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Watching

Video Digest: March 21, 2008

Fun with mortgages! Meave Gallagher seeks out the entertainment and education in learning more about why Americans believe the economy is in a recession.

CNN doesn’t like to give up its news crawler—you can’t escape it by watching videos on its web site. That’s how I learned in “a recent poll,” some very high percentage of “polled Americans” believe “the economy is in a recession.” It’s a national mantra now: housing bubble, oil shortage, recession, om.

On a large scale, we aren’t experiencing anything new; narrowing the scope to the twentieth century, problems with housing, oil, and a weak economy cycle through the decades. Just as hemlines rise and fall, facial hair grows and recedes, the differences are mostly contextual. At least, that’s the impression a person gets from media in the lean years.

By now, presumably every literate person understands how the housing market wound up in a wreck. You may not know that the rise and fall of homeownership directly correlates with the rise and fall of Britney Spears. (note: this video contains no paparazzi footage of breakdowns, bad driving, or head-shaving).





Oil was trading at a record $111.80 on March 17, which even in the ridiculous current dollar value cost more than it did during the oil shocks in the 1970s. Then, the government rationed gas; now, we can buy all the fuel we want—if we can afford the $65+ it costs to fill an 18-gallon tank at $3.63 a gallon, the average price of gas in California.

I’ve happily never owned a car, and I hope I won’t need to; this makes it look like nothing but punishment.





According to the Canadian Centre for Architecture, all the fun we’re having with oil too closely resembles games played 35 years ago. Will the same board, same pieces, and same players inevitably bring the same outcome?





In the U.K., the Labour Party felt the outrage of a people suffering under four years of crazy inflation that nearly doubled the price of a Sunday roast beef. Can you imagine?!





In the following commercial, BP kindly asks customers to avoid “jackrabbit starts,” so as to conserve precious BP gasoline. Hands up if you can drive a manual—please skip directly to the clip. For automatic/non-drivers: A “jackrabbit start” is when you take your left foot off the clutch very slowly, until you feel it begin to engage, at which point you release the clutch completely and jam the gas. If you don’t stall, the following happens:





I’ve heard that gas efficiency of modern automatic transmissions renders fuel savings from a manual unworthy of the extra effort, so maybe the preceding clip is as obsolete as Jimmy Carter’s 1978 wage-price guidelines. This was the last presidential attempt to directly involve the executive office in wage-price controls:





The country’s last really terrible housing crisis occurred during the Great Depression: When the banking system failed, lenders had to retrieve all due mortgages (few of which were amortized); there was no money to refinance, and people were losing their jobs by the thousands. Thus were their homes foreclosed and the bottom dropped out of the housing market. Property values were nil, banks weren’t making any more loans, and there was no one left to buy empty houses.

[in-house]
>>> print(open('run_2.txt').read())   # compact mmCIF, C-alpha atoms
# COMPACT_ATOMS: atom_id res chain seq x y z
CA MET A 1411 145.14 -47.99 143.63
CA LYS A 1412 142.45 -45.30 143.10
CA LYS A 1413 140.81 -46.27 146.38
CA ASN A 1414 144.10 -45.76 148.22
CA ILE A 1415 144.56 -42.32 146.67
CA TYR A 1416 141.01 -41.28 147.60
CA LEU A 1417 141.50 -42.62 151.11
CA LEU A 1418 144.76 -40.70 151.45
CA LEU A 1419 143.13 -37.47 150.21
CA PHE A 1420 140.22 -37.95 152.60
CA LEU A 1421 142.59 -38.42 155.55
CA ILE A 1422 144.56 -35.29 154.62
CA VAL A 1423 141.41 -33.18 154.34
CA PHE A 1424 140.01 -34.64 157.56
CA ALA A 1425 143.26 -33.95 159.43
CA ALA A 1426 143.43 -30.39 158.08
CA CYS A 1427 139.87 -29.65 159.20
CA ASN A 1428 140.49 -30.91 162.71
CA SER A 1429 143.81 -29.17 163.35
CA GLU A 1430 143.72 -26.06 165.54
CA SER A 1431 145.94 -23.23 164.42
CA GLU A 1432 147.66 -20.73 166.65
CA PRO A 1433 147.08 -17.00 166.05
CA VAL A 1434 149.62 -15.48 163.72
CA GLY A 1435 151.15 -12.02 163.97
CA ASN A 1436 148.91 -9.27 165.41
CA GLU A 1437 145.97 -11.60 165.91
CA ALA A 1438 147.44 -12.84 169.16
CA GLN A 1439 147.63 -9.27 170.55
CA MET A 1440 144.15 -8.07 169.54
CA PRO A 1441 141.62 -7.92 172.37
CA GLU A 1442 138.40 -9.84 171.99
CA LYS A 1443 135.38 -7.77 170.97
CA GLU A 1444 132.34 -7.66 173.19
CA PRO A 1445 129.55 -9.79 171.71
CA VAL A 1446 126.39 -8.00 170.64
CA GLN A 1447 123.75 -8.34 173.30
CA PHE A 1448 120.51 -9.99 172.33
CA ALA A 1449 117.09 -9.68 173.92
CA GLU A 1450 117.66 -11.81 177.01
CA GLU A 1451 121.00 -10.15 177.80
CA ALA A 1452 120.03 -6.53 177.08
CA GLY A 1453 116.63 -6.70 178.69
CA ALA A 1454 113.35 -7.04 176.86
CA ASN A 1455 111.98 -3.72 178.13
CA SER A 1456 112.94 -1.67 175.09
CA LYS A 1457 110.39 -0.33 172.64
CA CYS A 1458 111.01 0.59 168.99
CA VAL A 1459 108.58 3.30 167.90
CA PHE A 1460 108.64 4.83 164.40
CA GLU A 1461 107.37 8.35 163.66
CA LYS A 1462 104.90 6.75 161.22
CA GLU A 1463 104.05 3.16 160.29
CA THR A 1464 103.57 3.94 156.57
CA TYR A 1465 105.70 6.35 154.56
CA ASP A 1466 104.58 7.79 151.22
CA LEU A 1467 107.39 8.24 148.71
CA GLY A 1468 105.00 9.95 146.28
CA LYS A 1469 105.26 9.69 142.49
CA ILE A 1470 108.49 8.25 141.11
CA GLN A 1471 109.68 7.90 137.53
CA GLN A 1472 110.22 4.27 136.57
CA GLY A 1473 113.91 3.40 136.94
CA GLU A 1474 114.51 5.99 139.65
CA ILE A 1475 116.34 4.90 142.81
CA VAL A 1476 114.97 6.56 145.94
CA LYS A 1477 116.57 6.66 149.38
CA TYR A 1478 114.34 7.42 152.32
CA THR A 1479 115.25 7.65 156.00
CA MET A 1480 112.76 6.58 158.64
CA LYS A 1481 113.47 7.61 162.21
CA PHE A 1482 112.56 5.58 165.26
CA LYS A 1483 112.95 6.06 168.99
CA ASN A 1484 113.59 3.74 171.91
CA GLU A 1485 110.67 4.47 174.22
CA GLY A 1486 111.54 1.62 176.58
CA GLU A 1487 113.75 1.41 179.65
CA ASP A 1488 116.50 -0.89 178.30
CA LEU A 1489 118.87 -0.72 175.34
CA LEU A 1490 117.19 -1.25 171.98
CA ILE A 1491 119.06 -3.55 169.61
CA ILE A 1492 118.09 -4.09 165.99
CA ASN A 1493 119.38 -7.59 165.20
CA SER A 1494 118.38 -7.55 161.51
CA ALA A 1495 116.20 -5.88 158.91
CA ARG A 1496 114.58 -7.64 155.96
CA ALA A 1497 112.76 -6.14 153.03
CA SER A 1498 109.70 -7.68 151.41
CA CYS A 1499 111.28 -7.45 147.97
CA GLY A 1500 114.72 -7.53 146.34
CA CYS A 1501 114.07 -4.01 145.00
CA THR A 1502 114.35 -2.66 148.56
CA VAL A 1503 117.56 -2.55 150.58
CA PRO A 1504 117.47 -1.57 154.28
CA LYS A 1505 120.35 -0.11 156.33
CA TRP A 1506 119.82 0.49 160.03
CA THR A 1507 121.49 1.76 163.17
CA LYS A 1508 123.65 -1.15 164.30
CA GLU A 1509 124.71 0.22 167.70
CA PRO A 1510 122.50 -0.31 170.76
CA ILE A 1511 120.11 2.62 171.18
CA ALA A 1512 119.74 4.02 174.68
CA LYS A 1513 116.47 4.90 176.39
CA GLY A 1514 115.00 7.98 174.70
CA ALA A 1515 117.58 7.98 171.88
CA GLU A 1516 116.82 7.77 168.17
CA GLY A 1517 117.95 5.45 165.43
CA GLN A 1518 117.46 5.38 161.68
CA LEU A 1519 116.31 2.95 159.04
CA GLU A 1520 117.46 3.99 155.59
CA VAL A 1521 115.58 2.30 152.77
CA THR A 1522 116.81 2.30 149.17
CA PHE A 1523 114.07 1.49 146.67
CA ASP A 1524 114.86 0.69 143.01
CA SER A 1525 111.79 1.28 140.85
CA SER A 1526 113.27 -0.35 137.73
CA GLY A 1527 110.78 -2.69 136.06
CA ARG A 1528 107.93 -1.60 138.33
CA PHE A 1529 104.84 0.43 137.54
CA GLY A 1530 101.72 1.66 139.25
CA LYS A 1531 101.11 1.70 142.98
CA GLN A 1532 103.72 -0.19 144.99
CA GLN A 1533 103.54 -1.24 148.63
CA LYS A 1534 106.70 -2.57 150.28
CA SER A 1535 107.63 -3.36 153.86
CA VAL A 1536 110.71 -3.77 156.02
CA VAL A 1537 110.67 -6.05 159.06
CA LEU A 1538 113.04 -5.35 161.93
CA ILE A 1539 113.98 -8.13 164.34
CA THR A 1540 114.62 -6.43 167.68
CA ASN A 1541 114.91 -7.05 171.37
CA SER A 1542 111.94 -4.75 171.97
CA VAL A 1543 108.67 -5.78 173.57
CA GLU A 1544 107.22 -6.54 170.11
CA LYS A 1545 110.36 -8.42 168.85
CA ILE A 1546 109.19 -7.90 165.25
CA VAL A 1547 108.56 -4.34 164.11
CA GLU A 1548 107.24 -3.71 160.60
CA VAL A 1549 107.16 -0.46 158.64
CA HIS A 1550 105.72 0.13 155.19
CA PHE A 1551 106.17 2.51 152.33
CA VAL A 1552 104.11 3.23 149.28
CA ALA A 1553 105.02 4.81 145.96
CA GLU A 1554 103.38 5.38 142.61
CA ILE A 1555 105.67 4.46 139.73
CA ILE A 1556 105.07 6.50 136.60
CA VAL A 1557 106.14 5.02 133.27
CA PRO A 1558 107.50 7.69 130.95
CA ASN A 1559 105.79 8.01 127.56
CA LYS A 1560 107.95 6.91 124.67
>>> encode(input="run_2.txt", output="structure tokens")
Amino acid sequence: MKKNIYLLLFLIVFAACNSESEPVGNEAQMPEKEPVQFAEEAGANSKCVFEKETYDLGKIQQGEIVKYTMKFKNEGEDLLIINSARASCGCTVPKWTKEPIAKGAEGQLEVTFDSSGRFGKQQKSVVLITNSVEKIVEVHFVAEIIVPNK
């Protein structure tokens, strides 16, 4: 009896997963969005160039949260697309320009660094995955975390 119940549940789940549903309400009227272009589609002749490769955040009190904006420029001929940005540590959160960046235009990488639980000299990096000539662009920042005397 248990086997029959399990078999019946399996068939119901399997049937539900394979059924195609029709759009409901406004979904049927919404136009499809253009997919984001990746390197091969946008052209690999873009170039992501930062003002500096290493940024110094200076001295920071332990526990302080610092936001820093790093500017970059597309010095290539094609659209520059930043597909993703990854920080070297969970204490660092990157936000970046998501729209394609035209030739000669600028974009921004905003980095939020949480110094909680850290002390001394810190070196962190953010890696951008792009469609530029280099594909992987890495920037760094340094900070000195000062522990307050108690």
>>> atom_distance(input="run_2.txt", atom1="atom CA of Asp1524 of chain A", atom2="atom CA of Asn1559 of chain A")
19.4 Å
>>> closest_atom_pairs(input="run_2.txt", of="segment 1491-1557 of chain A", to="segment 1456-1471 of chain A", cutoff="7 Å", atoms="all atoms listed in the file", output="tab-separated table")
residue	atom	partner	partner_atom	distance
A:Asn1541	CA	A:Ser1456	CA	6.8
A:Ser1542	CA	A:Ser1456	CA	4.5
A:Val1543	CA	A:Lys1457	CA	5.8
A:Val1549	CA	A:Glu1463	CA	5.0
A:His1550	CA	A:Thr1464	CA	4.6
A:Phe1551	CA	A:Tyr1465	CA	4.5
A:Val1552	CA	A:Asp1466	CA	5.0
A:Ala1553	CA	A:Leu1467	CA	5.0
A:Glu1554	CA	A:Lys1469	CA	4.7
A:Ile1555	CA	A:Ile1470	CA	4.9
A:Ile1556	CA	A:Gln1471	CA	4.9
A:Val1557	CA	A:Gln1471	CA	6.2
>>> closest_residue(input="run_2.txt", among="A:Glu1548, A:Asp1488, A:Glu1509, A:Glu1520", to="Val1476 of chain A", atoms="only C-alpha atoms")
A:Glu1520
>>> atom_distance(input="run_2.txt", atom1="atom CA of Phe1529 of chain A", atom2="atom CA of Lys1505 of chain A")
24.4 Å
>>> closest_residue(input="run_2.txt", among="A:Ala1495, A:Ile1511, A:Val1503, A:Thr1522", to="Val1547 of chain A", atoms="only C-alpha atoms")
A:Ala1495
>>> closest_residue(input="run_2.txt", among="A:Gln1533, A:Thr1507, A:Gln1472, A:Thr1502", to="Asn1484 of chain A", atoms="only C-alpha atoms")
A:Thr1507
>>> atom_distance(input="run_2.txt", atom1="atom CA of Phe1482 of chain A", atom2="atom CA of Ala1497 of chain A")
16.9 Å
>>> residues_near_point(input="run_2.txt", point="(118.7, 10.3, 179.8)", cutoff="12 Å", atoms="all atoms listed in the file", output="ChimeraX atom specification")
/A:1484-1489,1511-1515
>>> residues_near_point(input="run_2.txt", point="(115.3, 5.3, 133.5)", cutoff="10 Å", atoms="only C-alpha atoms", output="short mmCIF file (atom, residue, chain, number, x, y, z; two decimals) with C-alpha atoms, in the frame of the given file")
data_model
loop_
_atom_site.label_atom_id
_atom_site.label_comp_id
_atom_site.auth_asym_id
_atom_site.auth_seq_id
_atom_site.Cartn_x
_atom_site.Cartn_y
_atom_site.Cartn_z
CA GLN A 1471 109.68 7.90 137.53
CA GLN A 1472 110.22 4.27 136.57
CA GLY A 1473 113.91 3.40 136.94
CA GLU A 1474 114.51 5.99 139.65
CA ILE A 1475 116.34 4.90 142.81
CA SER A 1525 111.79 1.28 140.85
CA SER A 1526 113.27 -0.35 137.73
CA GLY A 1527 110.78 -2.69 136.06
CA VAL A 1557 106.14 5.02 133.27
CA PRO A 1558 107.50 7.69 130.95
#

That sounds familiar.





Black Monday, the largest one-day decline in history, began on Oct. 19, 1987, in Hong Kong, and flew west throughout the day—the U.S. market dropped 22.68 percent. That same morning, two U.S. warships shelled an oil platform in the Persian Gulf.

Q: What country did that oil platform belonged to?
A: Iran!





Documentary break! This is the first 10 minutes of The Story of Oil, starting back in the Mesozoic Era (when dinosaurs ruled the Earth and seas!) and explaining roughly everything about it up to the present day. It’s a proper documentary, with a hypnotically deep-voiced narrator, and quick cutaways to scientists with dramatic facts. Maybe the computer-generated sea beasts will inspire you to give up your car, or something. (Note: the sound is low and fuzzy until 3:45, at which point it becomes and remains loud and clear.)





I don’t want to end on the lowest note—but remember that nastiness with mortgages and foreclosures during the Great Depression? Between 1928 and 1934, residential building construction tumbled 92 percent. The passage of the National Housing Act of 1934 started another huge increase in building, and oh what good times were ahead. The government offered amortized mortgages on furnished model houses—you could live in relative luxury for less than that rent you’d been paying on some rotten little apartment! Even better, housing values began to increase, and your little property was worth significantly more than what you’d paid back in ‘36. Thanks, Federal Housing Administration!





Since then, the Department of Housing & Urban Development swallowed the FHA, and if you didn’t know, HUD is a morass of corruption these days; when it reaches the U.S. Virgin Islands, you know something’s seriously wrong. Still, the country came out of the Great Depression eventually, and the government will be in radically different hands next year. I admit, I’ve considered stashing all my money in the mattress, lest the banks fail again; now, there’s nothing to do but wait and see. If you have better ideas, though, let me know.

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